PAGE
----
You can find Cotswold and other fibers at the Wing and a Prayer Farm store.

52 Weeks of Wool

52 Weeks of Wool: The beginning

January 8, 2016

A few podcast episodes back I shared about a new project I’m embarking on over the course of the next 52 weeks…well 51 now. I thought it might be good to share a bit about my hopes and goals for this project.

For the past year I’ve mentioned off and on about my hope to learn to spin on a wheel, while at the same time agonizing a bit over the thought that it will take precious time away from knitting. However, the desire to spin has nagged at me ever since I took an Intro to Spinning class at A Verb for Keeping Warm exactly a year ago, and so I decided to go for it.

I am a total newb to spinning. I’ve only spun with a drop spindle twice. I’ve had a wheel in my house for the past 6 months and only practiced treadling on it. When I decided to do this project, I purposefully opted to wait and not practice, so that my first week and first spin would truly be my first.

Years ago I learned a nifty thing from Kate Bingamam-Burt called ‘Automated Directives’. You can find more info here, but the gist is to set up a sort of rule system to give some direction to your creativity. It’s something many of us already do in lots of ways, but I found the more rigid system helpful when I really want to learn and reflect my creativity in a specific task…in this case spinning. So I set up my guidelines and here they are…

-Each week, for the next 52 weeks, I will spin a different breed of sheep wool or fiber
-I will learn a bit of the story behind each fiber and share here on the blog. This includes the farm it came from and any other details I can share, such as photos.
-I will share my learnings from spinning and handling each specific fiber, as well as my learnings of spinning in and of itself.
-Each week’s wool, after spinning, will be knit into a swatch, and once all 52 weeks are complete, I will join all the swatches to create a blanket. I am SO excited about that part.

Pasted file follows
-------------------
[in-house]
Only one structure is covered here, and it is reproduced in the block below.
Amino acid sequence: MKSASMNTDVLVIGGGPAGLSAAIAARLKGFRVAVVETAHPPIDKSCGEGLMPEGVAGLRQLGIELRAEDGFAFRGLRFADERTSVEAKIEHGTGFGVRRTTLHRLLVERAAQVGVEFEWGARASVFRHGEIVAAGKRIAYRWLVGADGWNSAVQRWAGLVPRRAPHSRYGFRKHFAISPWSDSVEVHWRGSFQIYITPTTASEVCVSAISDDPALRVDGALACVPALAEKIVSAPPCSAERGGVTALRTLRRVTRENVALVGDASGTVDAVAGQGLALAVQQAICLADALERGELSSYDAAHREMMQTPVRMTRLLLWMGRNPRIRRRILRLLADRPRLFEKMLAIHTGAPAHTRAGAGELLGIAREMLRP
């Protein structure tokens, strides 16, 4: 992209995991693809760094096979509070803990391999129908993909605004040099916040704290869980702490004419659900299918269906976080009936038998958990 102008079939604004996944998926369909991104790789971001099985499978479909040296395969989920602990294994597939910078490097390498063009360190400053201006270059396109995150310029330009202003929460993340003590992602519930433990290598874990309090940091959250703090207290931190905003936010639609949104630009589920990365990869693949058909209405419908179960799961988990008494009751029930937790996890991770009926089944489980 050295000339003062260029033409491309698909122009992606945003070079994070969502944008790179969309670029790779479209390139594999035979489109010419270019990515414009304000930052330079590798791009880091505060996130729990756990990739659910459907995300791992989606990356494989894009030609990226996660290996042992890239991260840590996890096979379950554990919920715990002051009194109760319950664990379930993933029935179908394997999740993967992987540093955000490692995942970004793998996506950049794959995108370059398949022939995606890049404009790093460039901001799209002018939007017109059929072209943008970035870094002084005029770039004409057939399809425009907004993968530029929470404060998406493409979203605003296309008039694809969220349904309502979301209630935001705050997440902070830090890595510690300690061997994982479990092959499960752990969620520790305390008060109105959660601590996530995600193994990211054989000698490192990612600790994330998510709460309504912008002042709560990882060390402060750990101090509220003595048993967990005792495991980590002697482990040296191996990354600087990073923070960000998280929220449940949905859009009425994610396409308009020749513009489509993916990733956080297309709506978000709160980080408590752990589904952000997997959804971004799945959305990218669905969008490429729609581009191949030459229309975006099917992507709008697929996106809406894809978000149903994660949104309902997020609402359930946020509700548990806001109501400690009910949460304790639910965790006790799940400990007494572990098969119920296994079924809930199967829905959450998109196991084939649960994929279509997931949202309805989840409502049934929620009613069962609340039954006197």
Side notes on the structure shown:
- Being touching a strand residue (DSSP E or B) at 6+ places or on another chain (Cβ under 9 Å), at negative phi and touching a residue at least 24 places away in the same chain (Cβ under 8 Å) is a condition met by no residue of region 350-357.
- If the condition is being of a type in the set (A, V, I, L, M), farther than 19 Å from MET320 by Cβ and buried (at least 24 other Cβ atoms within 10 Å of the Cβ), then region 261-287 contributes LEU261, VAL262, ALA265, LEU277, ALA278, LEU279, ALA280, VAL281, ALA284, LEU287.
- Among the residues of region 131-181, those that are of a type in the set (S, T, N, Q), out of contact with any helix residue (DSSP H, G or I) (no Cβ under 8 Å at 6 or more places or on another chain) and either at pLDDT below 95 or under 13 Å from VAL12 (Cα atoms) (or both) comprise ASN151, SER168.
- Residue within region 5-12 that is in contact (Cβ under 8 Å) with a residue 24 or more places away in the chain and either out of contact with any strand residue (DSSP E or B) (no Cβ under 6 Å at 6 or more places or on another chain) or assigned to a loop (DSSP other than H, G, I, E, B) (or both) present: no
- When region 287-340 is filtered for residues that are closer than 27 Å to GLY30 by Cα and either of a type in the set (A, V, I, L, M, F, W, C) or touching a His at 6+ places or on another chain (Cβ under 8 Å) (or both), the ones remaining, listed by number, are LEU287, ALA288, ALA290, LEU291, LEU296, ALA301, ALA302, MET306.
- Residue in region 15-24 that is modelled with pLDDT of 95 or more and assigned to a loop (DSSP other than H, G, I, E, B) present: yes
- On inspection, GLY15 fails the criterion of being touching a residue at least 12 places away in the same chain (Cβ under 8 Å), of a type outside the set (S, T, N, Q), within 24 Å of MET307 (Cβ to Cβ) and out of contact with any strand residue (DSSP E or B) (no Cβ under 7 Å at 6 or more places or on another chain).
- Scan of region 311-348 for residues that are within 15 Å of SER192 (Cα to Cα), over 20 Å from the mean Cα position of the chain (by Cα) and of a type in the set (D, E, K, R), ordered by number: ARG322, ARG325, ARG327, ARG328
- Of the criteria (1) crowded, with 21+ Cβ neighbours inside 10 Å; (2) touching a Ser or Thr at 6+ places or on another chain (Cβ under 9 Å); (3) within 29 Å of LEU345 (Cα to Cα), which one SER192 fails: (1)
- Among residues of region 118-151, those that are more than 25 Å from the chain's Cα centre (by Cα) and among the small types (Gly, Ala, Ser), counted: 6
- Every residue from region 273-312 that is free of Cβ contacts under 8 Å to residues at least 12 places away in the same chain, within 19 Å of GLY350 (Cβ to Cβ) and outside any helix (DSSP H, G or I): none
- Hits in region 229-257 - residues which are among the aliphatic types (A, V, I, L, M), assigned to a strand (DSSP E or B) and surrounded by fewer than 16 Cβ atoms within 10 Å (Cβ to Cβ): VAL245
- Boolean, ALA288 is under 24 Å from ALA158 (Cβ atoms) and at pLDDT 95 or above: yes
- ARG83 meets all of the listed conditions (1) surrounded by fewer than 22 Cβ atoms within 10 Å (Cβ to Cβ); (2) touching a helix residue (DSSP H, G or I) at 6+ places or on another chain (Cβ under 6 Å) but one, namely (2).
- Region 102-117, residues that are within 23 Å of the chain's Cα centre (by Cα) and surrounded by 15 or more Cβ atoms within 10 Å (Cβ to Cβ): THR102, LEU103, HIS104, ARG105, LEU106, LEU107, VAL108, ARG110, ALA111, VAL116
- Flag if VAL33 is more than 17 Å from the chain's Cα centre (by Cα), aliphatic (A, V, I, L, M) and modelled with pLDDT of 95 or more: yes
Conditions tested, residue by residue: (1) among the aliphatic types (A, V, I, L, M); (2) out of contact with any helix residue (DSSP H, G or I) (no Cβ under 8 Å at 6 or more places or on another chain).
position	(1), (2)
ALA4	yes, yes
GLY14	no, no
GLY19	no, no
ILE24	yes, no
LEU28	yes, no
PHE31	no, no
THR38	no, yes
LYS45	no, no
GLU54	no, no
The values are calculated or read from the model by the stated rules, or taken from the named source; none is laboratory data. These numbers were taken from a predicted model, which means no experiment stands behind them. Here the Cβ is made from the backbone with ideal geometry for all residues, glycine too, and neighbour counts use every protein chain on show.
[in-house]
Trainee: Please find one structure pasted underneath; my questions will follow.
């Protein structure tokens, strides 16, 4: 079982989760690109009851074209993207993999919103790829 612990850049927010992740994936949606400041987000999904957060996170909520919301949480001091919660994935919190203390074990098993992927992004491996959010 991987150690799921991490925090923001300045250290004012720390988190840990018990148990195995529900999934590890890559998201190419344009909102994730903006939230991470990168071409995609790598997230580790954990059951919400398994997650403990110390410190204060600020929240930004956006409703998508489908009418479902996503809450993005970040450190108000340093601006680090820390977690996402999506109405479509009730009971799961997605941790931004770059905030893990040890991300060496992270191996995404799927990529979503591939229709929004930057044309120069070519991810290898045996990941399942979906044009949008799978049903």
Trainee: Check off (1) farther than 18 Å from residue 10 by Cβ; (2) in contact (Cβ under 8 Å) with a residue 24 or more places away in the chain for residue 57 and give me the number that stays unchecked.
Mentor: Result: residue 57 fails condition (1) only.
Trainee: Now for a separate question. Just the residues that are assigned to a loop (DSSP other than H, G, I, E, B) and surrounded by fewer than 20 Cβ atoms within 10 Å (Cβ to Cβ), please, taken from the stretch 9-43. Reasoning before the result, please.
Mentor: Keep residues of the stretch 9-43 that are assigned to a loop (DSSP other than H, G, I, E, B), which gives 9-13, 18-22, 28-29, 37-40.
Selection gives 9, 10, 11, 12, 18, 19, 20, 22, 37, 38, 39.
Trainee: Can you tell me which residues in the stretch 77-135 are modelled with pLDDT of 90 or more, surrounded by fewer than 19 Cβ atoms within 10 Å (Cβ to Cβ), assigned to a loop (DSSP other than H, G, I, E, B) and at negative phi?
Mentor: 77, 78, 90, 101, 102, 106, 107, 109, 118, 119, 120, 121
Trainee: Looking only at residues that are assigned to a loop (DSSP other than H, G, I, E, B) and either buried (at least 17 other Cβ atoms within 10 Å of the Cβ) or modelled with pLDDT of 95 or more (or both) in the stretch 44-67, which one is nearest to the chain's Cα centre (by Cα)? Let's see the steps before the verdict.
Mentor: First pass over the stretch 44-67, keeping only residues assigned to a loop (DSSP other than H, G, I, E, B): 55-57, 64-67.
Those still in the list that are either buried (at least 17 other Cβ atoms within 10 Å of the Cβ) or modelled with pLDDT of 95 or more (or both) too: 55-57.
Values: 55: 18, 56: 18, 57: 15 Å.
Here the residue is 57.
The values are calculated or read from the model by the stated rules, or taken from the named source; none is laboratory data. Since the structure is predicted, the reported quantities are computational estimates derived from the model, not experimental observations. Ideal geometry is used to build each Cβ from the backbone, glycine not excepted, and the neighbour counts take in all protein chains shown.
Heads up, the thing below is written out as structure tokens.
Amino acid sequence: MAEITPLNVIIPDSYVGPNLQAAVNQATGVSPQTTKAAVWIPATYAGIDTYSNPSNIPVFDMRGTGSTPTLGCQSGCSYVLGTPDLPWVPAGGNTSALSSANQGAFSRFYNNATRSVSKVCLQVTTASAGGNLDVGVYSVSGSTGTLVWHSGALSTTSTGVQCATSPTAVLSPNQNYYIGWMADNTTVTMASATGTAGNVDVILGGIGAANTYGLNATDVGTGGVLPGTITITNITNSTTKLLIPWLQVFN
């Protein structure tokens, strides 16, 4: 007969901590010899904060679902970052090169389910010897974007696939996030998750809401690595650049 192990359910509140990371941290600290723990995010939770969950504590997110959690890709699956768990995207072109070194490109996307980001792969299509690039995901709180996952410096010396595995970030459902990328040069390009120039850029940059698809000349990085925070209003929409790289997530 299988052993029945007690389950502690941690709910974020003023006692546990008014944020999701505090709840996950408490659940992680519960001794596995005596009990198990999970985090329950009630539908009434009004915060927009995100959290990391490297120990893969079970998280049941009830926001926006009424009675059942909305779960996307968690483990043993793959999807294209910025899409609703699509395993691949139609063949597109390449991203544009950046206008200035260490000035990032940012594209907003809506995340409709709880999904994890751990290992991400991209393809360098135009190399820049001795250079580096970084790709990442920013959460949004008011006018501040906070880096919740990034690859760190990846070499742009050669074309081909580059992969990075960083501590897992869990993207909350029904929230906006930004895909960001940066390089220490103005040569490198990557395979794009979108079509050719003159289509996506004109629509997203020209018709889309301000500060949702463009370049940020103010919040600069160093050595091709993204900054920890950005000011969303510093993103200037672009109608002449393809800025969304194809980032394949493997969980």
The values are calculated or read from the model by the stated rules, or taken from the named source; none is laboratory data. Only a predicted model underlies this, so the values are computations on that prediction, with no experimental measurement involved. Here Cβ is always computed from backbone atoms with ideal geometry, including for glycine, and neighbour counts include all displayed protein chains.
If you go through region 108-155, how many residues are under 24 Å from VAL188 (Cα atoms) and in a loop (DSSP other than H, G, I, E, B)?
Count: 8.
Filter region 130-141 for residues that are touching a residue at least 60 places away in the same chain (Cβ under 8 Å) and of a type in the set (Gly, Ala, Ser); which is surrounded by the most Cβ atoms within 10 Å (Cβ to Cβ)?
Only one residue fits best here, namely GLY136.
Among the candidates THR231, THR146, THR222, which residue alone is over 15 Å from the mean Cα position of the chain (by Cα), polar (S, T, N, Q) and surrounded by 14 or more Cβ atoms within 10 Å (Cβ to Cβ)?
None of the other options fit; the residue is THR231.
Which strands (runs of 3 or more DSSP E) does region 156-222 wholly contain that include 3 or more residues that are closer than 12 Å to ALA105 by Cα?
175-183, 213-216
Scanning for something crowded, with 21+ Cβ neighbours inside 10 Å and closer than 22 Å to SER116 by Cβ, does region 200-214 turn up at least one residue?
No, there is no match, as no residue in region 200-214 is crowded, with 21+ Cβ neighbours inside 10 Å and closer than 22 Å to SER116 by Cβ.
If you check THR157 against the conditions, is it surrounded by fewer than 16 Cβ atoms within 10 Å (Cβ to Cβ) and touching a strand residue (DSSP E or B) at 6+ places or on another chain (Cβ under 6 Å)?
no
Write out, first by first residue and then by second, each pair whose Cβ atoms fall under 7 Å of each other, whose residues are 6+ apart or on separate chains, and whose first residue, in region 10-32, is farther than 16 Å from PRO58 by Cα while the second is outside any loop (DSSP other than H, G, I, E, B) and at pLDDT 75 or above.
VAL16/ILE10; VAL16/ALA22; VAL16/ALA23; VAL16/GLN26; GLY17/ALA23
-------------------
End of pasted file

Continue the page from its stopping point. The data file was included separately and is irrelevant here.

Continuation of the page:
And my goals…

-Learn to spin. This goes without saying, but there’s so much I don’t know with hands on experience. I plan to learn a lot.
-Become a skilled spinner. Improve drafting, tension, speed, plying, etc.
-Experience as many different types of sheep breeds as possible, familiarizing myself with the different wools and their qualities.
-Improve my processing of wool. Some fiber I’ve received is neither washed or carded. My own fiber from my sheep is still unwashed or carded…so I’m looking forward to getting better at this and improving my efficiency.
-Share these wools and fibers stories with all of you, spreading the love for small farm yarns and celebrating the hard work of these farmers.
-Finish the project. I’ve got a lot on my plate these days and I really hesitated for awhile as to whether this was something I wanted to take on. But with some encouragement from David, I dove in and my greatest hope is that I’m able to keep up and finish the project and knit the blanket from these wools/fibers. I do however believe in grace, so if this project takes me a few extra weeks come the end of the year, so be it. 🙂

Lastly…I’m still looking for more wool breeds for this project. If you are a farmer/rancher or a fiber folk who knows a fiber farmer/rancher and would like to be a part of this project by sending me a small amount of wool to spin, I’d love to have you and hear your story! Send me an email at

Ok, I think that’s it for now. If you’re on Instagram you may of seen my photo this morning of my first week’s wool. I’ll share more on that specific wool and it’s farm, so stay tuned.